Get to Know the 24%: Senator Shannon Jones
Senator Shannon Jones entered into a profession in politics the way a lot of young people do: by volunteering. As a young woman she was interested in public policy, but she never thought that interest would lead her to a career at the Ohio State Legislature. Now, after serving two successful terms in the House and one in the Senate, Senator Jones is entering her final term as a State Senator.
With the time she has left in office, Senator Jones has committed herself to issues about which she is passionate: “During these last few years I have made an effort to push for the awareness of Ohio’s abysmal infant mortality rate,” she remarks, identifying her current mission. In Ohio there are over 1,000 deaths per live births. But infant mortality is only one byproduct of an even larger problem which stems from inadequate access to healthcare for women and children, primarily in communities with large populations of people of color. “We have to be vigilant to raise awareness to the significant racial disparity in birth outcomes. We need to be conscious and focused on these health issues because they cannot be separated from the primary issue of infant mortality.” In her attempts to find legislative solutions to address infant mortality, Senator Jones has found that increasing opportunities for family education at birthing hospitals prior to discharge, as well as screening families for safe sleeping environments for infants, makes a significant impact. A lot of this work is done in collaboration with a committee centered on lowering Ohio’s infant mortality rating.
As she describes her commitment to her current mission, Senator Jones explains the larger process of her role as a State Senator. She admits that passing legislation on some issues isn’t easy, and sometimes defeat is inevitable; however, she doesn’t discredit that work because in the long run, more has been done to make people cognizant of issues within the community. “As legislators, we are only one piece of the pie. We rely on our partners to tackle a problem in a comprehensive and collective way, and we use our position to raise awareness to the broader public and our stakeholders.” She encourages people to get involved and fight for issues that are important to them. She says, “Sometimes legislative work is filled with a lot of disappointments, but you have to own them to revel in the success. You have to be able to take the flak. It is a privilege to serve the people of the state of Ohio. From the successful days to the unsuccessful days, it truly is the greatest profession.”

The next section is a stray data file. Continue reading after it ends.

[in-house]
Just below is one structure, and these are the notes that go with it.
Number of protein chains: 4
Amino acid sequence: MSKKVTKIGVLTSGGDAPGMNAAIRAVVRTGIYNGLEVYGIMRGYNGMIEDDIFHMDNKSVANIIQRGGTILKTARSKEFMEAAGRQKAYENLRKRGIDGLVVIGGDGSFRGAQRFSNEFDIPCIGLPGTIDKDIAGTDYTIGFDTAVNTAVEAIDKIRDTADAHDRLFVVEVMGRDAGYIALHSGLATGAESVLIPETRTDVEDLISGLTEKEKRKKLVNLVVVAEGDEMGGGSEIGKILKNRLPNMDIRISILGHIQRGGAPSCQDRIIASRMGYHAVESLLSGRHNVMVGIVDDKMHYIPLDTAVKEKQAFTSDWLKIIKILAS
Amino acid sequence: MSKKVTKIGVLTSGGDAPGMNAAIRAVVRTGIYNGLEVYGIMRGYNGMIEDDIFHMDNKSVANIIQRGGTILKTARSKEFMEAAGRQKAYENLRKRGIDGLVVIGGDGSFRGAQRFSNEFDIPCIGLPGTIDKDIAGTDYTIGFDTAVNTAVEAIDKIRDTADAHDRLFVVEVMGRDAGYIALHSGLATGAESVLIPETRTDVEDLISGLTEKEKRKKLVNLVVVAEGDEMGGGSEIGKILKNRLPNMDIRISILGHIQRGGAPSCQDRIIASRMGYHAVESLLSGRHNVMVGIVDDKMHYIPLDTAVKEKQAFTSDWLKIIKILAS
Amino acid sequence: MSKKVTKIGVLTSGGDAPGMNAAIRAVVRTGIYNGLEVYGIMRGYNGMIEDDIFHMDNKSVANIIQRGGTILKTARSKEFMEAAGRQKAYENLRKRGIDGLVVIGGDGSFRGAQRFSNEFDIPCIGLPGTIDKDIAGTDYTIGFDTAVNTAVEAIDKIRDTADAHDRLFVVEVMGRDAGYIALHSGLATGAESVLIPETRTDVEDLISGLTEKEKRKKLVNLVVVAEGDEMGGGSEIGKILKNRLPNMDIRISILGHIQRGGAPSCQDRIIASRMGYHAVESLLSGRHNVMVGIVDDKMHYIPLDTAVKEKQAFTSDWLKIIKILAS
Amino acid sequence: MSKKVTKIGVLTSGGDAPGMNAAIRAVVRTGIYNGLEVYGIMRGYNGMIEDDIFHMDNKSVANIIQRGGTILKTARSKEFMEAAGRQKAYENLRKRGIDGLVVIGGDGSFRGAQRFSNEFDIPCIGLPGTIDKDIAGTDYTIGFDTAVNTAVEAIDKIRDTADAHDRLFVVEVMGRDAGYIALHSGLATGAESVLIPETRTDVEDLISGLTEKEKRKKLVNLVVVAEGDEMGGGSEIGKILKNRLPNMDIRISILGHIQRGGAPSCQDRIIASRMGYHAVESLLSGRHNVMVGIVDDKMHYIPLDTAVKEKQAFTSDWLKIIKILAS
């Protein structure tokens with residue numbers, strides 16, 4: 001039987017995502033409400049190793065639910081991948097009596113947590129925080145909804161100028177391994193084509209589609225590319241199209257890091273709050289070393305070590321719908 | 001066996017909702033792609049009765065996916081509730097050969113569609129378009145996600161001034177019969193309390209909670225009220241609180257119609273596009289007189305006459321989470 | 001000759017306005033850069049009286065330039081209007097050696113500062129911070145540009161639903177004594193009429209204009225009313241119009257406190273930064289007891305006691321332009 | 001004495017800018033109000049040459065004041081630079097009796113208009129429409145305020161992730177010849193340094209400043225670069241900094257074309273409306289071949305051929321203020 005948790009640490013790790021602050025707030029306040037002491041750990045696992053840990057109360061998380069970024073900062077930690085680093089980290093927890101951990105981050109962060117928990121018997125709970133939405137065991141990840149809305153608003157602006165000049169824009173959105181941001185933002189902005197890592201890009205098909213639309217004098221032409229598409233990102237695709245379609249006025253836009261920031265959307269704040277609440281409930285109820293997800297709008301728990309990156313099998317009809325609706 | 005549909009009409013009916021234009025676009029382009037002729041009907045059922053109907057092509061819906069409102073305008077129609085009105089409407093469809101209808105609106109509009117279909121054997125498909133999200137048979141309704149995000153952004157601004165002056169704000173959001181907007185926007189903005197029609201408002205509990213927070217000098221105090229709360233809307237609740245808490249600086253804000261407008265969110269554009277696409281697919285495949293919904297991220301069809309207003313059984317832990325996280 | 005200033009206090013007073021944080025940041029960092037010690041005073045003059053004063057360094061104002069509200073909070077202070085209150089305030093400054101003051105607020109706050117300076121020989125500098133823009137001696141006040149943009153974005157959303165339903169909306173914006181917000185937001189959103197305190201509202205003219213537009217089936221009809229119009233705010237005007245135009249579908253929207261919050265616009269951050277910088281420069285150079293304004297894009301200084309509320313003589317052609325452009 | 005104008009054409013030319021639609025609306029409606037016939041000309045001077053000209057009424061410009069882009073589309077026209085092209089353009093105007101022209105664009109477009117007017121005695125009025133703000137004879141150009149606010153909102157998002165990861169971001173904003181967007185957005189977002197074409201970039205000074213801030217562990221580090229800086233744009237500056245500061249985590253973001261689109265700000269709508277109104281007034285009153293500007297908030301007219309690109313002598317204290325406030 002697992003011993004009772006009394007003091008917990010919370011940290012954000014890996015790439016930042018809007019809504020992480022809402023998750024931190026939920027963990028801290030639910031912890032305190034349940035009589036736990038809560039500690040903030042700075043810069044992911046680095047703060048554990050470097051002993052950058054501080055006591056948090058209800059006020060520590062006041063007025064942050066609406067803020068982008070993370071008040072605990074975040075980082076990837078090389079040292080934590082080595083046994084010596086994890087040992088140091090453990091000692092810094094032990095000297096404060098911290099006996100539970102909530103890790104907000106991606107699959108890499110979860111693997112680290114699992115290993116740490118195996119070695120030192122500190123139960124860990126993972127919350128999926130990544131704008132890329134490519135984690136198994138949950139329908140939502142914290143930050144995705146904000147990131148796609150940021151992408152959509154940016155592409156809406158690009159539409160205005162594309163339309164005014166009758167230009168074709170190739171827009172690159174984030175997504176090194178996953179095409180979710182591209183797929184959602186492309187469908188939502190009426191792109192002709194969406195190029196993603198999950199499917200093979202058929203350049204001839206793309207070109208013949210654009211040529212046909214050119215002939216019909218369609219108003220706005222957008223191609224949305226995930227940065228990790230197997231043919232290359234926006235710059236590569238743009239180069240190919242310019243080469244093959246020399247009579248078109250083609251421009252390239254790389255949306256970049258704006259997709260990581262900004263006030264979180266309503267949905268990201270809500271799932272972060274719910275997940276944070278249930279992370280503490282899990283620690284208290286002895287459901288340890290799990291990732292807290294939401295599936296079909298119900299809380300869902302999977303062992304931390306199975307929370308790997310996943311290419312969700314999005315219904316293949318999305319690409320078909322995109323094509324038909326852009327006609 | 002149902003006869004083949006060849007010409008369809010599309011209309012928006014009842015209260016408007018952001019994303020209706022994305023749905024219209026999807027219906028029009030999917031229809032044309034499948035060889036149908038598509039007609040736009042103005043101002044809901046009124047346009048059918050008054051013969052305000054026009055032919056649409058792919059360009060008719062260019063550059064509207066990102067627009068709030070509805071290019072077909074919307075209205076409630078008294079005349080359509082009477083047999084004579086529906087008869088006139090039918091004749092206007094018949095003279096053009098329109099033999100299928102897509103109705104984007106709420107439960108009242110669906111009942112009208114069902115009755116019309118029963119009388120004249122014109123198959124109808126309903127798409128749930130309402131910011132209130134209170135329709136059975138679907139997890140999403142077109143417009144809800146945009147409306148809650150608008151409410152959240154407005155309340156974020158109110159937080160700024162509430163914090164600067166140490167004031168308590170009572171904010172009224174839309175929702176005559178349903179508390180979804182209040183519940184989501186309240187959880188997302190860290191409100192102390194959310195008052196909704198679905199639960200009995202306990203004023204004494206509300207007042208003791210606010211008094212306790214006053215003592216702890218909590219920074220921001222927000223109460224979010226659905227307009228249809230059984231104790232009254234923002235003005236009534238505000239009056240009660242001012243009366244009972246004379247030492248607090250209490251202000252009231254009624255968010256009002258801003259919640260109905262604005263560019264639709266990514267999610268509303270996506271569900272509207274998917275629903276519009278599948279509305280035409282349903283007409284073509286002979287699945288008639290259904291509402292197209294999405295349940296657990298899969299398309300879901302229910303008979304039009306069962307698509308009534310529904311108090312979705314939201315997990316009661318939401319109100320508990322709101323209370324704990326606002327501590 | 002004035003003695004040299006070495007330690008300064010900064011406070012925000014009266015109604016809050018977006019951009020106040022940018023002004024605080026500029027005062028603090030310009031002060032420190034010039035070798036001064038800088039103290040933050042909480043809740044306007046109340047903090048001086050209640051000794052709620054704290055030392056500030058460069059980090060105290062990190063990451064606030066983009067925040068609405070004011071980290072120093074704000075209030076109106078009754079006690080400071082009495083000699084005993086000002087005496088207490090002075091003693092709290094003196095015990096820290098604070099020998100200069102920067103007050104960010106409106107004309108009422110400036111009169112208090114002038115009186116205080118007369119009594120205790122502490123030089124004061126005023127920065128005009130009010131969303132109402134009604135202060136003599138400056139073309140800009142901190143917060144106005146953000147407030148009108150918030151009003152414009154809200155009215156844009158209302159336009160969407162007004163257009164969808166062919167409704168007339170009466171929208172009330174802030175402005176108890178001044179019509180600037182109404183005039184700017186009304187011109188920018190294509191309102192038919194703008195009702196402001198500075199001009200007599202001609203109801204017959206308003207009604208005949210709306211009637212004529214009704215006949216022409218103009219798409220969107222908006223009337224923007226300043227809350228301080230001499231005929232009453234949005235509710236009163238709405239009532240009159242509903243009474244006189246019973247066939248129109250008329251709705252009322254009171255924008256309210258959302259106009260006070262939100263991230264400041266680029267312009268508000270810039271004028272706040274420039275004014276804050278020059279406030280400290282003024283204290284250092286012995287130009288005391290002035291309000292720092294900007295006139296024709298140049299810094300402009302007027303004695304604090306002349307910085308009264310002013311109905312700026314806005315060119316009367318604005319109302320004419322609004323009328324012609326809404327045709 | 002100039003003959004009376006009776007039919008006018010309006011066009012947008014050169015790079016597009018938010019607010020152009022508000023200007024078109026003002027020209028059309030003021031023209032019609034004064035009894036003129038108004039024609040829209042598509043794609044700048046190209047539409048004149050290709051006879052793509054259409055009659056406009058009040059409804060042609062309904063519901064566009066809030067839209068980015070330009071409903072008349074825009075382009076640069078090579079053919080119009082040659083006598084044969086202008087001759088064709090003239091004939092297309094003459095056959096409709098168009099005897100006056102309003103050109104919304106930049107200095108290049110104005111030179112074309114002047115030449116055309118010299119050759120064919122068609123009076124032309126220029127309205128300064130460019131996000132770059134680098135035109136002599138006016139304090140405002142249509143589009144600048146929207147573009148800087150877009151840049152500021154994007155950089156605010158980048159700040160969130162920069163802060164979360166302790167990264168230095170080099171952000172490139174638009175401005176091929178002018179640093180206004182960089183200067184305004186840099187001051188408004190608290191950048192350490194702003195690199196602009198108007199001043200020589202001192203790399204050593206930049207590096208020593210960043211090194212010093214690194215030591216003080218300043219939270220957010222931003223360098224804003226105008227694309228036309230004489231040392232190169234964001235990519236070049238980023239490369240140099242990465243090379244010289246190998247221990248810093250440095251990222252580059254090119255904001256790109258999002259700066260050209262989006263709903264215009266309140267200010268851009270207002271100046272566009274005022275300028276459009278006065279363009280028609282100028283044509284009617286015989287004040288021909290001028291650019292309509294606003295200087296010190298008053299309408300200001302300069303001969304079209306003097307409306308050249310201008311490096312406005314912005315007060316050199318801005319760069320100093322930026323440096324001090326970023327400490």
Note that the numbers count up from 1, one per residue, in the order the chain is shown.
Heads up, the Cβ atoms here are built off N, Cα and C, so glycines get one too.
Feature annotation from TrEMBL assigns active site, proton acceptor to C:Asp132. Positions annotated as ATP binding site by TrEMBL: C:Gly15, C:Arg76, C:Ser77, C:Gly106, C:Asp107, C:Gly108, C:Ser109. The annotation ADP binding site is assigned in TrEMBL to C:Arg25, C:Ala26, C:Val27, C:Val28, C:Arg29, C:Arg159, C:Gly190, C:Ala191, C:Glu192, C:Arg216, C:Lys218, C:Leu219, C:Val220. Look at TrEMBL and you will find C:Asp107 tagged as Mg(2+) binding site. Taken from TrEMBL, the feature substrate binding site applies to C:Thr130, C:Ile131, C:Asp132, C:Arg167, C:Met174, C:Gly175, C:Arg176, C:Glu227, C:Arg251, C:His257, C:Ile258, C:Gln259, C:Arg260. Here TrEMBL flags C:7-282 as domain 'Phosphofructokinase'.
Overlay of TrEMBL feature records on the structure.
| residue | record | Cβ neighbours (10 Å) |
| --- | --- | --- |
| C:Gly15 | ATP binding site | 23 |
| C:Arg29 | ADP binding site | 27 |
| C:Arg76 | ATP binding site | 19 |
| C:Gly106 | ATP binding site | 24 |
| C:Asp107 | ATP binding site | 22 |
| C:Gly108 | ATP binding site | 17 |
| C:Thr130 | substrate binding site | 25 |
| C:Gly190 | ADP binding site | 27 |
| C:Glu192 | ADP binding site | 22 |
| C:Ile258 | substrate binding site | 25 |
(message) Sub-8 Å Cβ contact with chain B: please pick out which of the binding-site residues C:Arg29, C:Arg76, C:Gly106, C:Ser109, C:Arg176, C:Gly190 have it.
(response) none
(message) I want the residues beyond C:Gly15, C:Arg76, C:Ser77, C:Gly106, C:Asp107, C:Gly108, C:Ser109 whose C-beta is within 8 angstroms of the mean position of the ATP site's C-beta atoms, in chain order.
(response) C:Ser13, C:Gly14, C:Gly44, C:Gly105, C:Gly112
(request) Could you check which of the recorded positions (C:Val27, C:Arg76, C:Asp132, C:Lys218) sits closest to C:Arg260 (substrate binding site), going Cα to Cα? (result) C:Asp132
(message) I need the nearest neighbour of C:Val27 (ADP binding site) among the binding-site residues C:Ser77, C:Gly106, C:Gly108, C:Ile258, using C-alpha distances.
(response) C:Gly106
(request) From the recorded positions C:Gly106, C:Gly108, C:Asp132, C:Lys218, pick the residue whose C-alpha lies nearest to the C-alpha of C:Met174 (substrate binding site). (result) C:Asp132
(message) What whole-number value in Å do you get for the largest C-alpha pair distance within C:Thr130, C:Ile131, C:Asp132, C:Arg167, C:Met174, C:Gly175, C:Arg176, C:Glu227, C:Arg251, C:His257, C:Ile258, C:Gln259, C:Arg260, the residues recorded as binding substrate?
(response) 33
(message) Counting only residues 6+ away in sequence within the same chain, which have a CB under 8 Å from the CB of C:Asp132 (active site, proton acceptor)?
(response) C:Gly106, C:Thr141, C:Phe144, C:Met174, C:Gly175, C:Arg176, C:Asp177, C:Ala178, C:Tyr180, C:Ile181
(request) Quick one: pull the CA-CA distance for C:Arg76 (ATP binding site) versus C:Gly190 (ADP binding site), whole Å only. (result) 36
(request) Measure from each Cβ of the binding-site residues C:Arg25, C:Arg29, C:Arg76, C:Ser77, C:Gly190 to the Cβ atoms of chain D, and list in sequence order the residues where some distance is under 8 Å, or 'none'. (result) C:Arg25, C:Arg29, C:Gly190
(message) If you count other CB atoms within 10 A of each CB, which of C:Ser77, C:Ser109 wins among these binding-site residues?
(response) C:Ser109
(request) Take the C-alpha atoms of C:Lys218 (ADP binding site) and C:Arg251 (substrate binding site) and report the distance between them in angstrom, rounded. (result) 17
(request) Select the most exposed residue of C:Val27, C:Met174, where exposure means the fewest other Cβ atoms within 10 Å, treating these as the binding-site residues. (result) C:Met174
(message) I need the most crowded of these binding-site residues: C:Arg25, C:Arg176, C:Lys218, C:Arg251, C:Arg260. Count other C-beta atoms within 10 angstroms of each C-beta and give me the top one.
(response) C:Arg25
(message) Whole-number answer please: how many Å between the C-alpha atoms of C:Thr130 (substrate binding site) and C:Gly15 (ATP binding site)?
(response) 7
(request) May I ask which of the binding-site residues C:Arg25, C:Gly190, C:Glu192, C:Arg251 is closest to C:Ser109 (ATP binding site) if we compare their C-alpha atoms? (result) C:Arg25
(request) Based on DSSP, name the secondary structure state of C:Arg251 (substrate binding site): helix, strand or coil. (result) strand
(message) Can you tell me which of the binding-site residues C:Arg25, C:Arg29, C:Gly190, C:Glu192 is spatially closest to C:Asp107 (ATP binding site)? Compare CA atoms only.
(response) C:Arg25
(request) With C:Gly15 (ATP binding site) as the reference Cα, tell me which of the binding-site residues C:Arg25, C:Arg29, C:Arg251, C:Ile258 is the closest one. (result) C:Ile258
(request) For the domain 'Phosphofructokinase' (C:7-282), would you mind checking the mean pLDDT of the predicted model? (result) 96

About the Author
Farnaz Alimehri joined Women In Government as a Graduate Policy Fellow in June 2015 after successfully completing the Future Women In Government Program at the Western Regional Conference in May 2015. She graduated Summa Cum Laude in May 2015 with a Bachelor of Arts in Politics and Minors in French and Spanish from Regis University in Denver, Colorado. In the past, Farnaz worked as a Legislative Intern at the Colorado State Capitol, and as the General Manager of KRCX, Regis University Radio. Farnaz is currently pursuing a Master of Arts in Security Studies at Georgetown University's Walsh School of Foreign Service with the intent on graduating in May 2017.
About Future WIG
Women In Government supports women of all ages in leadership roles, and is working hard to ensure that young women are given the resources and mentorship they need in order to achieve their goals. This program takes place at WIG Regional conferences, where WIG asks women state legislators and leaders in the private sector to encourage young women across the country to pursue leadership roles. This program is made possible by Southwest Airlines.